What is a patent ductus artereosis? the hole between the aorta and pulmonary artery
What is the definition of Heart failure? the failure of the pumping function of the heart
What are causes of Heart Failure? myocardial diseases, valvular heart disease,
What are tyes of myocardial diseases? cardiomyopathy, myocarditis
What is a myocardial disease? a disease of heart muscle
What is cardiomyopathy? What are the different types? How is treated? Which is more common? What are other causes? an inherited condition; hypertrophy and dilation of the ventricles; hypertrophic tx by betablockers, ACEI, surgery to remove excess tissue in septum (decreases workload of heart); dilated more common and can be caused by ischemia, ETOH, drugs, infections
What is myocarditis? What is the usual cause? Is this resolved? How? inflammation of the myocardium; usually d/t viral infections; yes, resolved with rest and treatment
What are causes of valvular heart disease? rheumatic fever, infective endocarditis
What is a cause of rheumatic fever? What does this cause in the heart? Group A streptococcus/strep throat; can cause hypersensitivity to subsequent infection, scarring or heart murmur
What are two types of infective endocarditis? What are causes of each? What might be presecribed? What might happen to the heart? Subacute infection vs Acute infection; Subacute infection can result from dental procedures, prophylactic abx to prevent; Acute infaction from a staph. aureus infection can cause "vegetations" on heart valves, stenosis regurgitant valves.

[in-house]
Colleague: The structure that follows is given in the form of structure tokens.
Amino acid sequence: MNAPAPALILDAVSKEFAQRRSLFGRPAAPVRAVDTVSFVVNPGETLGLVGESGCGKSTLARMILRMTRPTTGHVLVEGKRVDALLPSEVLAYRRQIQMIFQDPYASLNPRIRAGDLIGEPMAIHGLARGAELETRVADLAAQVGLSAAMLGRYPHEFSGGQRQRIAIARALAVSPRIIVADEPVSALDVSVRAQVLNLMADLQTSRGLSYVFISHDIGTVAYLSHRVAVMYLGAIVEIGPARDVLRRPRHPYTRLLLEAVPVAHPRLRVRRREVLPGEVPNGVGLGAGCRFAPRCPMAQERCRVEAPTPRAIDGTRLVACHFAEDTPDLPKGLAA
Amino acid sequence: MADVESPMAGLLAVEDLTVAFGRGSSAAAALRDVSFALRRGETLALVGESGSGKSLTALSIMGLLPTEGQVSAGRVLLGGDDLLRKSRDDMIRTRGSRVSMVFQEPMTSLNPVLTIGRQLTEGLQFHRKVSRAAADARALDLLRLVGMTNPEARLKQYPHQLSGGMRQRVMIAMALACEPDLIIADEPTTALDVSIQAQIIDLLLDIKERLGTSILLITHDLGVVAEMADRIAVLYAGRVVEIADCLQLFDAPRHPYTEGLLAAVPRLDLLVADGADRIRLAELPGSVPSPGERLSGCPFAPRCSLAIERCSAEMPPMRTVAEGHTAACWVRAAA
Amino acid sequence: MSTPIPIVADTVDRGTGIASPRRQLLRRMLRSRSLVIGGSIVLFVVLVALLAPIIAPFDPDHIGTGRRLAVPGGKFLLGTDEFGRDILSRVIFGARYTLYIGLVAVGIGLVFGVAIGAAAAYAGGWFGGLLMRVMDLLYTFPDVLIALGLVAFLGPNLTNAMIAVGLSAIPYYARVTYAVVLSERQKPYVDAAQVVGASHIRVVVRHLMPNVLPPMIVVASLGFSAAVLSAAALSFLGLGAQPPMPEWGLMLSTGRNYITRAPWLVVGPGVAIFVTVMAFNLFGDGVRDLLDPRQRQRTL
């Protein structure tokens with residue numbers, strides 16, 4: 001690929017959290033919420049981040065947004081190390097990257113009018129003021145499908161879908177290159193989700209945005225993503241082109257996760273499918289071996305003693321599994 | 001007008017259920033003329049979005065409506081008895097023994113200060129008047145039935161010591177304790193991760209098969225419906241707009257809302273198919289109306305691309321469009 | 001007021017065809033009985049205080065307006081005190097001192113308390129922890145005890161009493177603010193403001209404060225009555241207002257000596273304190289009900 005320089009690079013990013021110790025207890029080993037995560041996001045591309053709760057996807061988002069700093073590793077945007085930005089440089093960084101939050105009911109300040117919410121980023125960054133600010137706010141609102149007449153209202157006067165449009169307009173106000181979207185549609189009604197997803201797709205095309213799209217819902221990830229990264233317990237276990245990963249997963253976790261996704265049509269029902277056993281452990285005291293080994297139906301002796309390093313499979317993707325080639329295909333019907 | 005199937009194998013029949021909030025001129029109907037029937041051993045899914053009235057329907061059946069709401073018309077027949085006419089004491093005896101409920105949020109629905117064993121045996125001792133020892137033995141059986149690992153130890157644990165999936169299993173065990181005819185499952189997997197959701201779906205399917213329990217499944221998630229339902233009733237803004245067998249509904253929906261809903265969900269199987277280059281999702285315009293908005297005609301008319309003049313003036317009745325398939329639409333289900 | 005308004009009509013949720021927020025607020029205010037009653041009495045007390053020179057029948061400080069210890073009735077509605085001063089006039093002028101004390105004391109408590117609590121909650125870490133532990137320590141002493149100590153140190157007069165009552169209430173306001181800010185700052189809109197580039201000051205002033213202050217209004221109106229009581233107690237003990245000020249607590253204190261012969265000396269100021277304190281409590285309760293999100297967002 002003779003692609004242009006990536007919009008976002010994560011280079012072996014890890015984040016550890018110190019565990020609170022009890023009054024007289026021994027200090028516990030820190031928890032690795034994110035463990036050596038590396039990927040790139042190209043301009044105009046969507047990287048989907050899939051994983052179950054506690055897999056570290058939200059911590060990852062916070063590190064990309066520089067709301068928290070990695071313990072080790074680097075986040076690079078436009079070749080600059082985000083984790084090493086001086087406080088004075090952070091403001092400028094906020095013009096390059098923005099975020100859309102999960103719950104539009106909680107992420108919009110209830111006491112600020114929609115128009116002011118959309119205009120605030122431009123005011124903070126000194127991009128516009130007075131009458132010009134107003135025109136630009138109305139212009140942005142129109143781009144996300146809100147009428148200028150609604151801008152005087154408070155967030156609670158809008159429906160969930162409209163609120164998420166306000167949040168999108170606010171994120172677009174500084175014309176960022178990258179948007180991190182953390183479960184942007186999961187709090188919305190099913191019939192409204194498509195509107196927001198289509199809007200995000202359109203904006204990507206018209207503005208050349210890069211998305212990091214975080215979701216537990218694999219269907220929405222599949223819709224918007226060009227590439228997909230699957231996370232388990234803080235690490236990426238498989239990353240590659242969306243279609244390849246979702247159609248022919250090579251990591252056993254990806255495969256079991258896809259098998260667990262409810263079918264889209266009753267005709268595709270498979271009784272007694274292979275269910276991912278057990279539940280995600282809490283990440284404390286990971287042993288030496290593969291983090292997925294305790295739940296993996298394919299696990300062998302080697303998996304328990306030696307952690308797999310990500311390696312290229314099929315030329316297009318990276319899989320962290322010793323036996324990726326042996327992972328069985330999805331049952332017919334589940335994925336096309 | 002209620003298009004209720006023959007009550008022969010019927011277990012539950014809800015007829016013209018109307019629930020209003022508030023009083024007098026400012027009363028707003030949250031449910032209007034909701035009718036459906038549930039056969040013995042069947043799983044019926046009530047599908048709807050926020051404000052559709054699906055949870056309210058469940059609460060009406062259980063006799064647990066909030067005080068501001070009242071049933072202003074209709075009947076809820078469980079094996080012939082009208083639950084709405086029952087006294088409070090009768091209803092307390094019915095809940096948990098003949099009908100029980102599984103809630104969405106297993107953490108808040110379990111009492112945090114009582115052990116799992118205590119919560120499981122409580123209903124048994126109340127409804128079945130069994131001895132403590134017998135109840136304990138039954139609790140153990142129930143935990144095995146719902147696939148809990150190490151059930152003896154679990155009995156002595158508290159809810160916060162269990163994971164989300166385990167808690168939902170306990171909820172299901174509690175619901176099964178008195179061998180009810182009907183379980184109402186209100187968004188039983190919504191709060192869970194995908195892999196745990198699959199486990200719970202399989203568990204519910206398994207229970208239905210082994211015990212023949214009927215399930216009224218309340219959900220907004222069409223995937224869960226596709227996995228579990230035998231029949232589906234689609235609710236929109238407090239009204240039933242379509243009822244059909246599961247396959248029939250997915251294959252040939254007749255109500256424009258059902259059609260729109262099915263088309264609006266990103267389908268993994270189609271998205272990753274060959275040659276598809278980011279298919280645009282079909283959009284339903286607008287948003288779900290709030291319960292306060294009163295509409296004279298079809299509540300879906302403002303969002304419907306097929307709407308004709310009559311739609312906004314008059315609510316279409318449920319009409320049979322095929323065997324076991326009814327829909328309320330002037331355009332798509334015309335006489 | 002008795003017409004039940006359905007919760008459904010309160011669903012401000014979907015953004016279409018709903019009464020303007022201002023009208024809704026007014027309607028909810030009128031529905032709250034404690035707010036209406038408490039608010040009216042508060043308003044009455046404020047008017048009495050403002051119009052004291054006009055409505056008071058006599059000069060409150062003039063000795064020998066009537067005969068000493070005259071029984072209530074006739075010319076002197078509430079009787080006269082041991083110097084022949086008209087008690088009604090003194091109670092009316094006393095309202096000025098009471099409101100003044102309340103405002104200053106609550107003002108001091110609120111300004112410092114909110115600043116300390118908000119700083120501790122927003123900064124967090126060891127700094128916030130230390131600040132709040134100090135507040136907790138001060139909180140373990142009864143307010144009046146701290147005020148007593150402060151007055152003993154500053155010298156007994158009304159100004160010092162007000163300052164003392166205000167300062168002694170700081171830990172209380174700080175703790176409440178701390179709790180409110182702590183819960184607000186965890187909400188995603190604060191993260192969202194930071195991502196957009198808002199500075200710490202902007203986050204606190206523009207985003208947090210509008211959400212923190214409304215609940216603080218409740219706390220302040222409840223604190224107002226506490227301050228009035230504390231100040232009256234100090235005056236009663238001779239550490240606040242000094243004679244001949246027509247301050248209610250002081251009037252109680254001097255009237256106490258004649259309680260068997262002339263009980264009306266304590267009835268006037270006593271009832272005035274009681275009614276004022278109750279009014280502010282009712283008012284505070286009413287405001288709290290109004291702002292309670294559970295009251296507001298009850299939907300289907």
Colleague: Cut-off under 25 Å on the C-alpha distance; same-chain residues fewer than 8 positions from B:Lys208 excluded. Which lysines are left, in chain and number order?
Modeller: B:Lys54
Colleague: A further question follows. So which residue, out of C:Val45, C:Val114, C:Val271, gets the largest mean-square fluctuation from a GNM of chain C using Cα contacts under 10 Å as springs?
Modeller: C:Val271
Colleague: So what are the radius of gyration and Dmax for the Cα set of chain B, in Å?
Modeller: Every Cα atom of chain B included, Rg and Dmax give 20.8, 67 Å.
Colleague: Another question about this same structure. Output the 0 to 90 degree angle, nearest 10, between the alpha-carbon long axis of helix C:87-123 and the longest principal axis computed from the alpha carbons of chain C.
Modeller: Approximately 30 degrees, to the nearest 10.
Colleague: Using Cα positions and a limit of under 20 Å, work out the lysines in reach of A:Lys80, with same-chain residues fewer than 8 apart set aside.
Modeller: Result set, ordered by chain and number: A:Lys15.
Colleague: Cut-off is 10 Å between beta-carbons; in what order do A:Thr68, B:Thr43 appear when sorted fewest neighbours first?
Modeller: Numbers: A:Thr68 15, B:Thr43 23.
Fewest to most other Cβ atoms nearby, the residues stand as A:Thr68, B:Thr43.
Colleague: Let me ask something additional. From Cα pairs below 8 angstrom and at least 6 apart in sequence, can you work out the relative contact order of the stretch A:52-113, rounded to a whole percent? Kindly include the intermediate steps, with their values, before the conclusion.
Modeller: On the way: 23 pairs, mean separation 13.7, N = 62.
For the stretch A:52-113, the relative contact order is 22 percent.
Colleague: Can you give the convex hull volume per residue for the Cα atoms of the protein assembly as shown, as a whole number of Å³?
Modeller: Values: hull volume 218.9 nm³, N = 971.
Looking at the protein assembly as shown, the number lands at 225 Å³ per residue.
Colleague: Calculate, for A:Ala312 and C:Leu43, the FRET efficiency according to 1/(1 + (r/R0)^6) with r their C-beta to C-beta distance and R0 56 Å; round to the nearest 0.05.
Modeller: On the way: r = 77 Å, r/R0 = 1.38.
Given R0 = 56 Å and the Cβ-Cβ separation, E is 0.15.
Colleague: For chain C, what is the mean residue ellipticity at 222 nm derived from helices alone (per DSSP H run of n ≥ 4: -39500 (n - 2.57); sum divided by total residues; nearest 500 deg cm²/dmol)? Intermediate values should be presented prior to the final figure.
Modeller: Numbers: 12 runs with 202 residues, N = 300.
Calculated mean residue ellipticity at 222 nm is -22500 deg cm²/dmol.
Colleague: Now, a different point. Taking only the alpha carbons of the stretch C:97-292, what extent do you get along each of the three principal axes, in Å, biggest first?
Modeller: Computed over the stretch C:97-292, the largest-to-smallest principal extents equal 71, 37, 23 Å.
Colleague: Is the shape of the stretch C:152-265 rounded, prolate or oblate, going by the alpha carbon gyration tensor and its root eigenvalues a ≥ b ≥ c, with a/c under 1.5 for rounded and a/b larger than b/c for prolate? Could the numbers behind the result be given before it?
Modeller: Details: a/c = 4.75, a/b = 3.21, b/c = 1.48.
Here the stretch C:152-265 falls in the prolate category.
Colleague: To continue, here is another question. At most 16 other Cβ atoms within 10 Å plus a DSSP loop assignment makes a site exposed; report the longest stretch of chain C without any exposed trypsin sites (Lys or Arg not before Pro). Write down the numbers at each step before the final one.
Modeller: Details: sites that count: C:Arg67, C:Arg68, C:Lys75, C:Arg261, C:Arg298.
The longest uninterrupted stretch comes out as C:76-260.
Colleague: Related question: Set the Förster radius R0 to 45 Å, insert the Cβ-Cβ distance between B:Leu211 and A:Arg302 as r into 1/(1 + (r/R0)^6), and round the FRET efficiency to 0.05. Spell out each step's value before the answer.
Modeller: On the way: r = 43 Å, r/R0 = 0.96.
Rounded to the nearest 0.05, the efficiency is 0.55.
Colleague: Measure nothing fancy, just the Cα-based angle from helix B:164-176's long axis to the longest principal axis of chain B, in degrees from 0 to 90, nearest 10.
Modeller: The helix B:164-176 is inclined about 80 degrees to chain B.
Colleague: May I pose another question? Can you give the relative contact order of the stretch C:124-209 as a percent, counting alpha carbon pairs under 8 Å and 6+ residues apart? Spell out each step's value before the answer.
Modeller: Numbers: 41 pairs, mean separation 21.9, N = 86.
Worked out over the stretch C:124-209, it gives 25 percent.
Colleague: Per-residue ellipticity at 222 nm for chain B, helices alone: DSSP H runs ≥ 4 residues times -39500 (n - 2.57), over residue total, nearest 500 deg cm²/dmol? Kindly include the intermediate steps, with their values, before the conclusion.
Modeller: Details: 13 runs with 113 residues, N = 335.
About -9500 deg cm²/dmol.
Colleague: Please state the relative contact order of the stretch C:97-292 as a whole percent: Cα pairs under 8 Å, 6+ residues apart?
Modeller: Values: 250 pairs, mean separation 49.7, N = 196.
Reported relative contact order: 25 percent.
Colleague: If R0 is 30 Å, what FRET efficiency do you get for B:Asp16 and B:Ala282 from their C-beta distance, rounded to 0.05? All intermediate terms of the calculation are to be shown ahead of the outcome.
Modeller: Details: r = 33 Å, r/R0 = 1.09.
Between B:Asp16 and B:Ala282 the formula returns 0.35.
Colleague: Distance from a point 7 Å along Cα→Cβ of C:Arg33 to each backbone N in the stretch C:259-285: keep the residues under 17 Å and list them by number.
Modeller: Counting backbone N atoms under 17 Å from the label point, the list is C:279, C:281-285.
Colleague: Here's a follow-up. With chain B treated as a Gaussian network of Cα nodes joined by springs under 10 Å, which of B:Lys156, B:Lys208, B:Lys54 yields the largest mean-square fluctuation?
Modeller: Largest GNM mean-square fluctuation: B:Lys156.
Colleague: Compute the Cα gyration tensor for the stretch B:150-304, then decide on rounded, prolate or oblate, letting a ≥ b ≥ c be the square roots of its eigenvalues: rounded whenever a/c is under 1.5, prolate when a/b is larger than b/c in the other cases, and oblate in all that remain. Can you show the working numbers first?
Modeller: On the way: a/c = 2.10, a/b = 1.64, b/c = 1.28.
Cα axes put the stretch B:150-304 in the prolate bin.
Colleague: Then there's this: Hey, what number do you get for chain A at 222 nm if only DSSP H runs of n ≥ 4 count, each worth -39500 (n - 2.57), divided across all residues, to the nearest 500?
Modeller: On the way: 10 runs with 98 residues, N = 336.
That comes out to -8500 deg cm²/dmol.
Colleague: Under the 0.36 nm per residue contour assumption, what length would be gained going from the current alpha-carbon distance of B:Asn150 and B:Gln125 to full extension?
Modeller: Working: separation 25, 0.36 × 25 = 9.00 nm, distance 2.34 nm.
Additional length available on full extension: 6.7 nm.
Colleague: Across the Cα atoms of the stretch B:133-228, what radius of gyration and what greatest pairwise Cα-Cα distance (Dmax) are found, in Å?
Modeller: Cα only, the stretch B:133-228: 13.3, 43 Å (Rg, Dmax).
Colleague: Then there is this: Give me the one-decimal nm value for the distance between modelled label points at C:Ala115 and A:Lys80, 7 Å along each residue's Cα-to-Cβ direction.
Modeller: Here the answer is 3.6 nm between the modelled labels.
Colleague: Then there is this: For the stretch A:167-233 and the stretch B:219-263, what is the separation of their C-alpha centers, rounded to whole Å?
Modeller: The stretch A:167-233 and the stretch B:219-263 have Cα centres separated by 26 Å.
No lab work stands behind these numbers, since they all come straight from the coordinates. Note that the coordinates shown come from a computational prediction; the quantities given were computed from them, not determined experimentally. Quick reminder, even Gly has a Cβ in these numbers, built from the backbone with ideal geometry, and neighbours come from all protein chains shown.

What is congestive heart failure? HF accompanied by systemic or pulmonary venous congestion
What is the pathophysiology of congestive heart failure? a combination forward failure and backward failure
What is forward failure? poor perfusion of kidneys > retention of salt and water in blood > increased blood volume
What is backward failure? inadequate CO causes retention of blood in venous circulation, increase venous pressure, edema
What happens in right side failure? pumping into the pulmonary circulation is restricted causing an accumulation in the systemic circulation
What are signs of right side HF? edema in lower limbs when upright when upright; edema in sternal, head & neck when supine; impaired digestion, abdominal discomfort, liver failure; weight gain due to fluid accumulation > 2lbs/2 hours